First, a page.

A Small Place Audible Audiobook – Unabridged
From the award-winning author of Annie John comes a brilliant look at colonialism and its effects in Antigua.
"If you go to Antigua as a tourist, this is what you will see. If you come by aeroplane, you will land at the V. C. Bird International Airport. Vere Cornwall (V. C.) Bird is the prime minister of Antigua. You may be the sort of tourist who would wonder why a prime minister would want an airport named after him - why not a school, why not a hospital, why not some great public monument. You are a tourist and you have not yet seen..." So begins Jamaica Kincaid's expansive essay, which shows us what we have not yet seen of the 10-by-12-mile island in the British West Indies where she grew up.
Lyrical, sardonic, and forthright by turns, in a Swiftian mode, A Small Place cannot help but amplify our vision of one small place and all that it signifies.
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|Listening Length||1 hour and 48 minutes|
|Audible.ca Release Date||October 25 2016|
|Publisher||Blackstone Audio, Inc.|
|Best Sellers Rank|| #29,894 in Audible Books & Originals (See Top 100 in Audible Books & Originals) |
#71 in Caribbean & West Indian History (Books)
#82 in Adventure Travel
#169 in Art & Literature Biographies
Top reviews from Canada
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Kincaid discusses British colonialism, the corruption of the Antiguan government, racism, and greed. It seems to me a key question raised by the book is whether post-colonial Antigua is worse than colonial Antigua. The book is very much haunted by the spectre of New World slavery.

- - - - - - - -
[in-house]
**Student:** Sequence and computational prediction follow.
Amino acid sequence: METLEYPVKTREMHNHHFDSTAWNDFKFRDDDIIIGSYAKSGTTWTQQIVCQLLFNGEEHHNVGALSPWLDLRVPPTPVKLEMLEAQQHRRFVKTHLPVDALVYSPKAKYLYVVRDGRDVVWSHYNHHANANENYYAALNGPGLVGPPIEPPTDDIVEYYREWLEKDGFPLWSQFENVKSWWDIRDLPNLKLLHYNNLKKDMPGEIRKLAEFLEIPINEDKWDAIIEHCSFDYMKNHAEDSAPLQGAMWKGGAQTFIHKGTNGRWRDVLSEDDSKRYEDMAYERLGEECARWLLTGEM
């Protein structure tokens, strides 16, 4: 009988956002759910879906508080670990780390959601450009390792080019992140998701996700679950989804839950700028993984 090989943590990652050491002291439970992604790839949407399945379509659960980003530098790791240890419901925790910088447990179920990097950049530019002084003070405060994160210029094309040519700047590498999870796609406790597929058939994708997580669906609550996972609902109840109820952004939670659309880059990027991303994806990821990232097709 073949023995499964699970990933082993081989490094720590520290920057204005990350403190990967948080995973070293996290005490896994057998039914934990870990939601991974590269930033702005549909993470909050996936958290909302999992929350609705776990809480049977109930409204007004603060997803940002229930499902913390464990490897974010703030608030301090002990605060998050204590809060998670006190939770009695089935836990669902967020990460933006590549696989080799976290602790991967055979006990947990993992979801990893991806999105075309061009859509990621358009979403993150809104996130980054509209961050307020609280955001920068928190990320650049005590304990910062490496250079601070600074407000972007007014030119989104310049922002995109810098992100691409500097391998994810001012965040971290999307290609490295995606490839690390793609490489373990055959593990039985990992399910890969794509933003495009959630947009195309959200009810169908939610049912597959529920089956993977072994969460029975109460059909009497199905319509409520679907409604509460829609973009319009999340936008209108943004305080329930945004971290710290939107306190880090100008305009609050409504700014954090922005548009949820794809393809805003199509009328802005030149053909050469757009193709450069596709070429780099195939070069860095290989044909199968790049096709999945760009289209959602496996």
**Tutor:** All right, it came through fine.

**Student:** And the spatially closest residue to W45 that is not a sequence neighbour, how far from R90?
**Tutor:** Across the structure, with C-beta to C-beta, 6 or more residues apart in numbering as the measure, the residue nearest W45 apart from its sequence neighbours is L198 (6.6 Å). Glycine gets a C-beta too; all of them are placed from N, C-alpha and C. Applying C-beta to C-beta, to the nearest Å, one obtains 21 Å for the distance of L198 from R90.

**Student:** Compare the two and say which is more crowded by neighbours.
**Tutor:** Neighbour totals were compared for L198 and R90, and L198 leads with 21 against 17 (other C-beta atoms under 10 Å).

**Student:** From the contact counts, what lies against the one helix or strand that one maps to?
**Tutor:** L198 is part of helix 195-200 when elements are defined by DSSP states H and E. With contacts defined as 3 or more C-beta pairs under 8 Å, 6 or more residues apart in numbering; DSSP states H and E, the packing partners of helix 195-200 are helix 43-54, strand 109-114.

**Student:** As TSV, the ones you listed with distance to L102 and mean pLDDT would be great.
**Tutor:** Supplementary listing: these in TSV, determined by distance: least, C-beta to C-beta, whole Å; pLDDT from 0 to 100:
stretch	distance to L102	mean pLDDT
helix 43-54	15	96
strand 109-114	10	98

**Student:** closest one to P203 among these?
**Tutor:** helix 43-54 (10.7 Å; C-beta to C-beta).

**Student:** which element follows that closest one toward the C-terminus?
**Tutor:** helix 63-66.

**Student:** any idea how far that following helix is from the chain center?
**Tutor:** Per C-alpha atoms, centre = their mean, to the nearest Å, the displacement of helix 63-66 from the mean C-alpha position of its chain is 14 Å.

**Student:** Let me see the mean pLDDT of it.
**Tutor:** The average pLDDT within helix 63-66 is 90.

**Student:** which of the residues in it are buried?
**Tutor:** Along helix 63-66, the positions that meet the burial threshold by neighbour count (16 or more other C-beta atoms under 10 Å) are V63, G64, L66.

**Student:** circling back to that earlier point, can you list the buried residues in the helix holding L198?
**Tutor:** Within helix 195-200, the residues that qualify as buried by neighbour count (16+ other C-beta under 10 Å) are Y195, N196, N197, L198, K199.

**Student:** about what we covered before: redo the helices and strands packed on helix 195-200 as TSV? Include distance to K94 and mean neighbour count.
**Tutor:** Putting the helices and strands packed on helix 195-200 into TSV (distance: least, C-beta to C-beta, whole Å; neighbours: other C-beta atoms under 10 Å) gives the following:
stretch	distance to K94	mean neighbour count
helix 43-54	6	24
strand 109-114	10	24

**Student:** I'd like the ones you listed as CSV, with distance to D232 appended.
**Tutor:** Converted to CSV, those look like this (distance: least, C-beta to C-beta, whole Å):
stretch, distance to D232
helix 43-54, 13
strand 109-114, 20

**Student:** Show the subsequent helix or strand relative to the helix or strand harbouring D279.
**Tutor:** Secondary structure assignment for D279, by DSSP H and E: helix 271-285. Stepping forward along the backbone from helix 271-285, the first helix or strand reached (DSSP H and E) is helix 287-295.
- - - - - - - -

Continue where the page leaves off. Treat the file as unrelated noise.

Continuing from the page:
This book is a dark, angry jeremiad. I think it works better when seen as an extended prose poem rather than as an essay. As the latter, it could be criticized as full of invalid generalizations and undocumented claims. But as a poetic/prophetic text, it is chillingly effective.
Ultimately, Kincaid's vision of the human condition is extremely negative But her haunting, almost hypnotic prose really held me. I recommend the book to anyone planning a trip to a poor country for their own pleasure.
As the book progresses, Kincaid switches her attention from "you" to the many questions and mysteries that have plagued Antigua since the British colonized the island to the time it was freed from England rule to how it is now. Kincaid does bring up problem posing questions to introduce many of the situations that occur in Antigua, but then usually proceeds to answer them using her experiences and history of Antigua. One example is the library that is pending repairs since 1974 (page 8,9), she poses questions not only to the reader, but also to herself during the journey. We are taken through a journey with her to find out what it will take to get the library up and running again. Kincaid's "I" makes sure you understand the differences of what "you," the tourist sees from your perspective to how the "I" perceives the tourist. The "I" opens up the history behind Antigua's world by explaining the harsh realities that occurred.
The "tour guides" (page 68, 69), or the many of the prime misters that have governed the island of Antigua, know of their island's hardships and corruptions to the point that it has become humiliating and degrading for the people of Antigua. Antigua's lifestyle has become such an allure for tourists that it further weakens the government's desire to change or improve upon it.